I had the pleasure last week of joining the Expert Panel for the IMPROVE research being led out of the Center for Academic Primary Care at Bristol University under the experienced leadership of Professor Gene Feder and Dr Emma Howarth http://www.bristol.ac.uk/primaryhealthcare/researchthemes/improve.html. IMPROVE is an evidence synthesis that will draw together data about the effectiveness and cost effectiveness of existing intervention programmes for children experiencing domestic abuse.
Not only a fantastic opportunity to meet many of those currently dedicated to and delivering services to these children, but also to see many of the challenges currently being experienced.
It’s clear that few studies around the world have been effective in building a strong evidence base of intervention and impact. It’s also clear that the existence of interventions for children isn’t enough, because increasingly these provisions are losing out in the battle for funding from an ever constrained base. I’m looking forward to continuing to work with them ahead of their publication this Autumn, and exploring ways in which JSF can help to address this growing problem.
What was also clear however was that the knowledge of the complex needs of children affected by domestic homicide and a comprehensive understanding of what’s available for them and their carers is hard to come by. If this is the case, imagine what it is like to be one of those carers or children? The answer for many (although every individual's experience is unique) is you muddle through as best you can, often in a state of distress and shock, in a bizarre world that nobody seems to understand, and just hope that the decisions you make and the things you say on a day to day basis are for the best. It’s tough also for those who support them through the police, victim support, and other agencies, who want to help make things as good as they can be, but are limited by what they are aware of.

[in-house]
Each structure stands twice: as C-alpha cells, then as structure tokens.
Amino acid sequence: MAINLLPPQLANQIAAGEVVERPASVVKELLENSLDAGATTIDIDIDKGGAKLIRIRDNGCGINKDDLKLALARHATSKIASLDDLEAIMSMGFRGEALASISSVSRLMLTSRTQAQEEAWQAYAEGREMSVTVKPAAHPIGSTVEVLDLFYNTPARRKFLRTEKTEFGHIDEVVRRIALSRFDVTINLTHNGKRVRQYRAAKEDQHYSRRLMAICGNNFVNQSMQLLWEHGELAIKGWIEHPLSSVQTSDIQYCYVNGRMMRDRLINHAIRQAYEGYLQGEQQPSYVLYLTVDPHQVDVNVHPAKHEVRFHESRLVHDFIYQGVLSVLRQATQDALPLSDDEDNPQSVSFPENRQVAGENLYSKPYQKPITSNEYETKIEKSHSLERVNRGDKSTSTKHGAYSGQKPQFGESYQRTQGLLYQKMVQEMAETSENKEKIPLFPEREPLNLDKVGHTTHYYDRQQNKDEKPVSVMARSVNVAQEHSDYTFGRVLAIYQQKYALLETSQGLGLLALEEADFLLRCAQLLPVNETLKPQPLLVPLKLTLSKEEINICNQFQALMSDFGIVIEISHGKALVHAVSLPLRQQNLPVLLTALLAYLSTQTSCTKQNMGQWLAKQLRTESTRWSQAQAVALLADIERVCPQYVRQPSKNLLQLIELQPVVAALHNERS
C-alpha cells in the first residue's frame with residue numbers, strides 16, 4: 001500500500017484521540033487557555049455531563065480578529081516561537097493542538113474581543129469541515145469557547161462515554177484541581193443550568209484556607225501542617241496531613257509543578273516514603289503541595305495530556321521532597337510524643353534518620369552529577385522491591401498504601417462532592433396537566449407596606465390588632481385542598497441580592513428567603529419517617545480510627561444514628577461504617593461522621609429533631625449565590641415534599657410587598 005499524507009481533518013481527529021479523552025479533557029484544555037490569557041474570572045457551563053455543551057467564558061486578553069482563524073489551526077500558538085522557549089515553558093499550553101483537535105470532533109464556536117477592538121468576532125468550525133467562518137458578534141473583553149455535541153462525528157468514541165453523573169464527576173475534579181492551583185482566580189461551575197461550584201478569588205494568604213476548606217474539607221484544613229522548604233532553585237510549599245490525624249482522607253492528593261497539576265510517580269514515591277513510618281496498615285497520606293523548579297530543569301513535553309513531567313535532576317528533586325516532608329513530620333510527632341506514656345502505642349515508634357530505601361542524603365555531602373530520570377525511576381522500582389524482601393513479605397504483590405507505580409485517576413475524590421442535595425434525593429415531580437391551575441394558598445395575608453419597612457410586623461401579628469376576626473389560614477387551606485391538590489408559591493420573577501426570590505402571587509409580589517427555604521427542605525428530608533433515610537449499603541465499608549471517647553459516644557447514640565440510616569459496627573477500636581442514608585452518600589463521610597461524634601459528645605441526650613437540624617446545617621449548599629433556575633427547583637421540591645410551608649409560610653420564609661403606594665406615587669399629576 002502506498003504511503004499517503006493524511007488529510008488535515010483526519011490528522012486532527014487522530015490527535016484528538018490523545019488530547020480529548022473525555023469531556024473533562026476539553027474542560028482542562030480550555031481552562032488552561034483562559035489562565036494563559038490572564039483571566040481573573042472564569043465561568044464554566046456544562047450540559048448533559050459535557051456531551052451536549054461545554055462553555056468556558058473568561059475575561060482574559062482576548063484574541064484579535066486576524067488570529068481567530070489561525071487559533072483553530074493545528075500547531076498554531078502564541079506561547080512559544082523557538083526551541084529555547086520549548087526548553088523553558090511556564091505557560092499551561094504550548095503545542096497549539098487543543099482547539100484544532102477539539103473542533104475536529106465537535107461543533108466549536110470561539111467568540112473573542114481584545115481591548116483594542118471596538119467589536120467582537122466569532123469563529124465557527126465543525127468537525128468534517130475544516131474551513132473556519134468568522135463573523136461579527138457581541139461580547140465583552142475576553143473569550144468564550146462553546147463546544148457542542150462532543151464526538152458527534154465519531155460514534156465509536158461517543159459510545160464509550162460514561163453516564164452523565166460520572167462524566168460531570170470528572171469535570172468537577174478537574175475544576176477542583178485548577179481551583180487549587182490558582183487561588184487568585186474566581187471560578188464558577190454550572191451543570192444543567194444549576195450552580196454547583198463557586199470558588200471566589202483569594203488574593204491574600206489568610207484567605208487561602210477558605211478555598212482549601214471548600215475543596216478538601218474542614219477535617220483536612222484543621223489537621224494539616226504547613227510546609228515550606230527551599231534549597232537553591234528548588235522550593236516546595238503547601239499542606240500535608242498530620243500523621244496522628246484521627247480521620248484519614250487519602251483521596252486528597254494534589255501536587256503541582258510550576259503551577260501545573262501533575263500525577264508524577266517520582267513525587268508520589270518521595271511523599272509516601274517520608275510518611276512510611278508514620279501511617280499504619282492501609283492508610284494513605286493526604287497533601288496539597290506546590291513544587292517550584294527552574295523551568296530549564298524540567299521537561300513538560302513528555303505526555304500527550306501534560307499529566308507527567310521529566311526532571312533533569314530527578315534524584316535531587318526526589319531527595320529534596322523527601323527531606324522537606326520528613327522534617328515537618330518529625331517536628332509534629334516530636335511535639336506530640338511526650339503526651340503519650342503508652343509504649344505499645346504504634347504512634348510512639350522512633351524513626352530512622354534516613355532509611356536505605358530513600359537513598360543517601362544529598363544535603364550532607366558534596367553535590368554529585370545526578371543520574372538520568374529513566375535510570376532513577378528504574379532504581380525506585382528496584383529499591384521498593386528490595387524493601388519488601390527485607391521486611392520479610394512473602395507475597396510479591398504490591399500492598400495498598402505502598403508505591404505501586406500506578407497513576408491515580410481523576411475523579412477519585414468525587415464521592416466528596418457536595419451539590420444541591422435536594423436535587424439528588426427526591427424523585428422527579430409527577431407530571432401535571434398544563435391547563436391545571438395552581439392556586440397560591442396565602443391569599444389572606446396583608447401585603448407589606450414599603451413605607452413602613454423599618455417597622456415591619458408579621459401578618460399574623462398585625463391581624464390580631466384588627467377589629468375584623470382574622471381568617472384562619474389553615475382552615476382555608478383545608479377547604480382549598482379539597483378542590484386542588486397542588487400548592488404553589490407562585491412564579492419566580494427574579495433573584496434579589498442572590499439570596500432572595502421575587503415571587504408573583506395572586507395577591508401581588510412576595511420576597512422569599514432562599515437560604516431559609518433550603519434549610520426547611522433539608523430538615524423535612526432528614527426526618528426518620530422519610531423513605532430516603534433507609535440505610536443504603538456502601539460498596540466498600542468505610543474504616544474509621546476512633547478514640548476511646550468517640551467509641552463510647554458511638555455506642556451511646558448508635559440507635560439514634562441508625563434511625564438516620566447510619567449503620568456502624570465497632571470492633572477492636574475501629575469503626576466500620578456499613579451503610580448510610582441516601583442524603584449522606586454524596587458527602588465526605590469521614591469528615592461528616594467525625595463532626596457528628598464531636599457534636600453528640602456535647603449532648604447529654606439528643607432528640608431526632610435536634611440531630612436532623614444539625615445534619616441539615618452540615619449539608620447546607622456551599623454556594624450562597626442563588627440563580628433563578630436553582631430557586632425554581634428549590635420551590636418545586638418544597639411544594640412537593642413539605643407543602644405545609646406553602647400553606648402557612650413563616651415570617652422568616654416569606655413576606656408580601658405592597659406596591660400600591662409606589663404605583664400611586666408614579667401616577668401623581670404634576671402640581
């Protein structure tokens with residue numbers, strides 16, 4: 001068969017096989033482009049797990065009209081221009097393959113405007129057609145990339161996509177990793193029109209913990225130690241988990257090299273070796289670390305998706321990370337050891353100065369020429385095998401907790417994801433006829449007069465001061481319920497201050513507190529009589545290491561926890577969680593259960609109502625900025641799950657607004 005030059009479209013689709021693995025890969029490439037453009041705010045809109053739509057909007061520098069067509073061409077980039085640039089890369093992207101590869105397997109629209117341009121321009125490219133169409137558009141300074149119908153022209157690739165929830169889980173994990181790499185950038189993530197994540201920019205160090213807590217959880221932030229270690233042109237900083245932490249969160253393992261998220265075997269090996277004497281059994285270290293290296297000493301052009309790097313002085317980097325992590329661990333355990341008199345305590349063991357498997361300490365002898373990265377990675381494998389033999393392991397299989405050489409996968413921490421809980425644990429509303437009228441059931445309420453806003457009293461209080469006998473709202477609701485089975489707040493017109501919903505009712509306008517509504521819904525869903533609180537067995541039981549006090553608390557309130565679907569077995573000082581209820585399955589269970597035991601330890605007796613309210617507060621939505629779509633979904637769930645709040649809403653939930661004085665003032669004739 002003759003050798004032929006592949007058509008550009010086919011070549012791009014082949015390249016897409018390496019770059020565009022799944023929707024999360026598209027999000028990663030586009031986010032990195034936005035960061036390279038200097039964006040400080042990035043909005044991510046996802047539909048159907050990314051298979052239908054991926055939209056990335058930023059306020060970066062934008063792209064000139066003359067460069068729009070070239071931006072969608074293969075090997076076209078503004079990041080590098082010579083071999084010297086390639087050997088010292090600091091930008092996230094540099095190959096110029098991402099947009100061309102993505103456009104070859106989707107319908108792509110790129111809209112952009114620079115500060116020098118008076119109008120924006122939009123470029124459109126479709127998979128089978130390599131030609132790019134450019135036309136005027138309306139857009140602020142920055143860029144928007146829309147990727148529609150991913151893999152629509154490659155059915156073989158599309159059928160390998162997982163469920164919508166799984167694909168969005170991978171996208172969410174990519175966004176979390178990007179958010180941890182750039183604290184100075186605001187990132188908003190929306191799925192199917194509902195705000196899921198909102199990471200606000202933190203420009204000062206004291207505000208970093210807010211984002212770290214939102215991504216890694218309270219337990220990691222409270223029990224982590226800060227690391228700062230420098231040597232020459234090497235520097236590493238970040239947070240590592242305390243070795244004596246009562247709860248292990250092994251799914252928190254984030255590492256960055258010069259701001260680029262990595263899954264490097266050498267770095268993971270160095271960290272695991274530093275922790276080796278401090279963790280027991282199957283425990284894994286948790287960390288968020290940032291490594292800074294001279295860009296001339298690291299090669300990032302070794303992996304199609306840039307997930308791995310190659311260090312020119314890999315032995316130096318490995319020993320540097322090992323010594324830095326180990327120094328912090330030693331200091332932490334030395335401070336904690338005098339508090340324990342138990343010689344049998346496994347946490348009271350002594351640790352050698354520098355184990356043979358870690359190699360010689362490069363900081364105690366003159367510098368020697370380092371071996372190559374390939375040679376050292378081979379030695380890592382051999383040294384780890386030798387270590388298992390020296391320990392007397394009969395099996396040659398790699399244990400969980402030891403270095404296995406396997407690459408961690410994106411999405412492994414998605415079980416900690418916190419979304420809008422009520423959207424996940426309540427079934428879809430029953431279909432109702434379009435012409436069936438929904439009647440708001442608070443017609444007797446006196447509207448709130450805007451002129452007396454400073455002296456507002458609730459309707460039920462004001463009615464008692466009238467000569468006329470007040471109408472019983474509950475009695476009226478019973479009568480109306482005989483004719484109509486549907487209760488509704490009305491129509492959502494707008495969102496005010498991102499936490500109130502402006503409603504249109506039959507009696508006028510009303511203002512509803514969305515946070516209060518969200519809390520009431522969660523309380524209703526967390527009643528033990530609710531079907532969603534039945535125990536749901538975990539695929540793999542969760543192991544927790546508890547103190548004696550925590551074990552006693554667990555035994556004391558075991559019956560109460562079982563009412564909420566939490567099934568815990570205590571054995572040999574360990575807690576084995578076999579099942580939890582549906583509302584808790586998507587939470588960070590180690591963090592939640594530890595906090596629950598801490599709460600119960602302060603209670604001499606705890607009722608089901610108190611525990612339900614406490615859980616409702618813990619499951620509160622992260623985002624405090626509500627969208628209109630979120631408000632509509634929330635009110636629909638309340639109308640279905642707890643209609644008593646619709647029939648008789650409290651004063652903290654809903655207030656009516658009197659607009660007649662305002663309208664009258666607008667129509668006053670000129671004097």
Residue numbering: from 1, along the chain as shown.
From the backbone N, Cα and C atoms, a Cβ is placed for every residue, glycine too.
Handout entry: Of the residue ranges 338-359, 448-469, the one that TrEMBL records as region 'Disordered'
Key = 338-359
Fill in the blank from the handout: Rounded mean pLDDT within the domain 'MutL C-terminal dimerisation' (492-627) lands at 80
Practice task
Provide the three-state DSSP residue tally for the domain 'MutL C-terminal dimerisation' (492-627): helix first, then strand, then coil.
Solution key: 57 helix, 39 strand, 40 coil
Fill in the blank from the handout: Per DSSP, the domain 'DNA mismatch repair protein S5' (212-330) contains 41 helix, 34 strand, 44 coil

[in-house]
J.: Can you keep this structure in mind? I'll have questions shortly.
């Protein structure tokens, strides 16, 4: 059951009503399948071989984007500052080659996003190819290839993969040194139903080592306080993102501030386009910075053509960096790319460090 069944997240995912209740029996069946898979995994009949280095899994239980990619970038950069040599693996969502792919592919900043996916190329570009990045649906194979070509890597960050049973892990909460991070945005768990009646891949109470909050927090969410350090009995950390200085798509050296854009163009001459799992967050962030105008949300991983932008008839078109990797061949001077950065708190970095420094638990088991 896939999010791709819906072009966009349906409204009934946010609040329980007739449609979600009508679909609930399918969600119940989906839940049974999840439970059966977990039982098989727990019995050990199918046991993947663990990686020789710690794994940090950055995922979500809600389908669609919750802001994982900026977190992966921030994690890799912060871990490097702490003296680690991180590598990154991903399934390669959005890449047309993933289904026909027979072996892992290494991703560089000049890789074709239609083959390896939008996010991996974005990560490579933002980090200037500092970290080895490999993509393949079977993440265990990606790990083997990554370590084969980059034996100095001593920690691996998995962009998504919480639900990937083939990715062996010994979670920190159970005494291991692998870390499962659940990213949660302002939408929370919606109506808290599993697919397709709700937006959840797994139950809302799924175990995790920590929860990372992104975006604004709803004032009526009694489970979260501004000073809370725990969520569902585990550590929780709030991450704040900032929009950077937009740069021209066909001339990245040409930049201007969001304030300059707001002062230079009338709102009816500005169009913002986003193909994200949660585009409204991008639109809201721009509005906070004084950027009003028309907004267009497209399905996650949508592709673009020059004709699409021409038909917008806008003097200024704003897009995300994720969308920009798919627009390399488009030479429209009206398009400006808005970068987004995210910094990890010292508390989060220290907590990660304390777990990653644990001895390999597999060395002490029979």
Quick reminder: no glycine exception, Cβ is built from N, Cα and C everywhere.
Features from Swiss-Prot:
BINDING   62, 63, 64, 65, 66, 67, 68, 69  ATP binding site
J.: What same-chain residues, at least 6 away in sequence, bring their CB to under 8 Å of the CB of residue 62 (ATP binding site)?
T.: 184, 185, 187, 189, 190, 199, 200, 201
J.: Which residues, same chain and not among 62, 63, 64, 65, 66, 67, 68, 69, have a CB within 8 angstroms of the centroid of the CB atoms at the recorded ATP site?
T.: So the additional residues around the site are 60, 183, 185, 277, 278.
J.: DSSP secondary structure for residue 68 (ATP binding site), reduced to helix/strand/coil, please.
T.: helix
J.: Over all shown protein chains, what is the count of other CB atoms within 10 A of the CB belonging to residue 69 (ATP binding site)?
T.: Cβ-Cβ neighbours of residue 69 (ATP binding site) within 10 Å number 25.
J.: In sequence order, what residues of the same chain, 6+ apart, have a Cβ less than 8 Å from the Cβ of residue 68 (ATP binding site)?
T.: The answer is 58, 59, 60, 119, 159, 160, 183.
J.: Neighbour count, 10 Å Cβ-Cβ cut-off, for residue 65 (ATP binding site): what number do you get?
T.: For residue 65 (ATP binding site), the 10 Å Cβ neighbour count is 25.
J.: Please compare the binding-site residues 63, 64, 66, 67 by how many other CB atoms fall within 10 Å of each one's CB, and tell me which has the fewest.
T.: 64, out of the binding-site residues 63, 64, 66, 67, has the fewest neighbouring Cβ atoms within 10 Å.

A day hosted by Professor Peter Kinderman at Liverpool University started to open up these questions. What needs to be done to fully understand the needs of these innocent victims, their experiences, and the way in which policy and law supports and protects them. Dr Emma Davies (Criminal Justice at Liverpool John Moores University, Professor Sandra Walklate (Sociology, Social Policy & Crimonology Liverpool University), started the day. The join up and continuum between children’s needs, provision, social policy and law is ever apparent, and we look forward to supporting them with a grant funding application for future work. In the afternoon we met Dr Matt Gibson, lecturer in Criminal Law at Liverpool University. Understanding the needs of victims as well as defendants in our murder laws and particularly diminished responsibility is often forgotten and the discussion was extremely valuable for all. Starting to explore the possibility of jointly hosting a conference to bring together the diverse stakeholders in this complex area, and we look forward to seeing more detailed proposals very soon!
Building the right partnerships with the academic world is vital if we are to be sure that the right things are addressed and sustainable policy change achieved.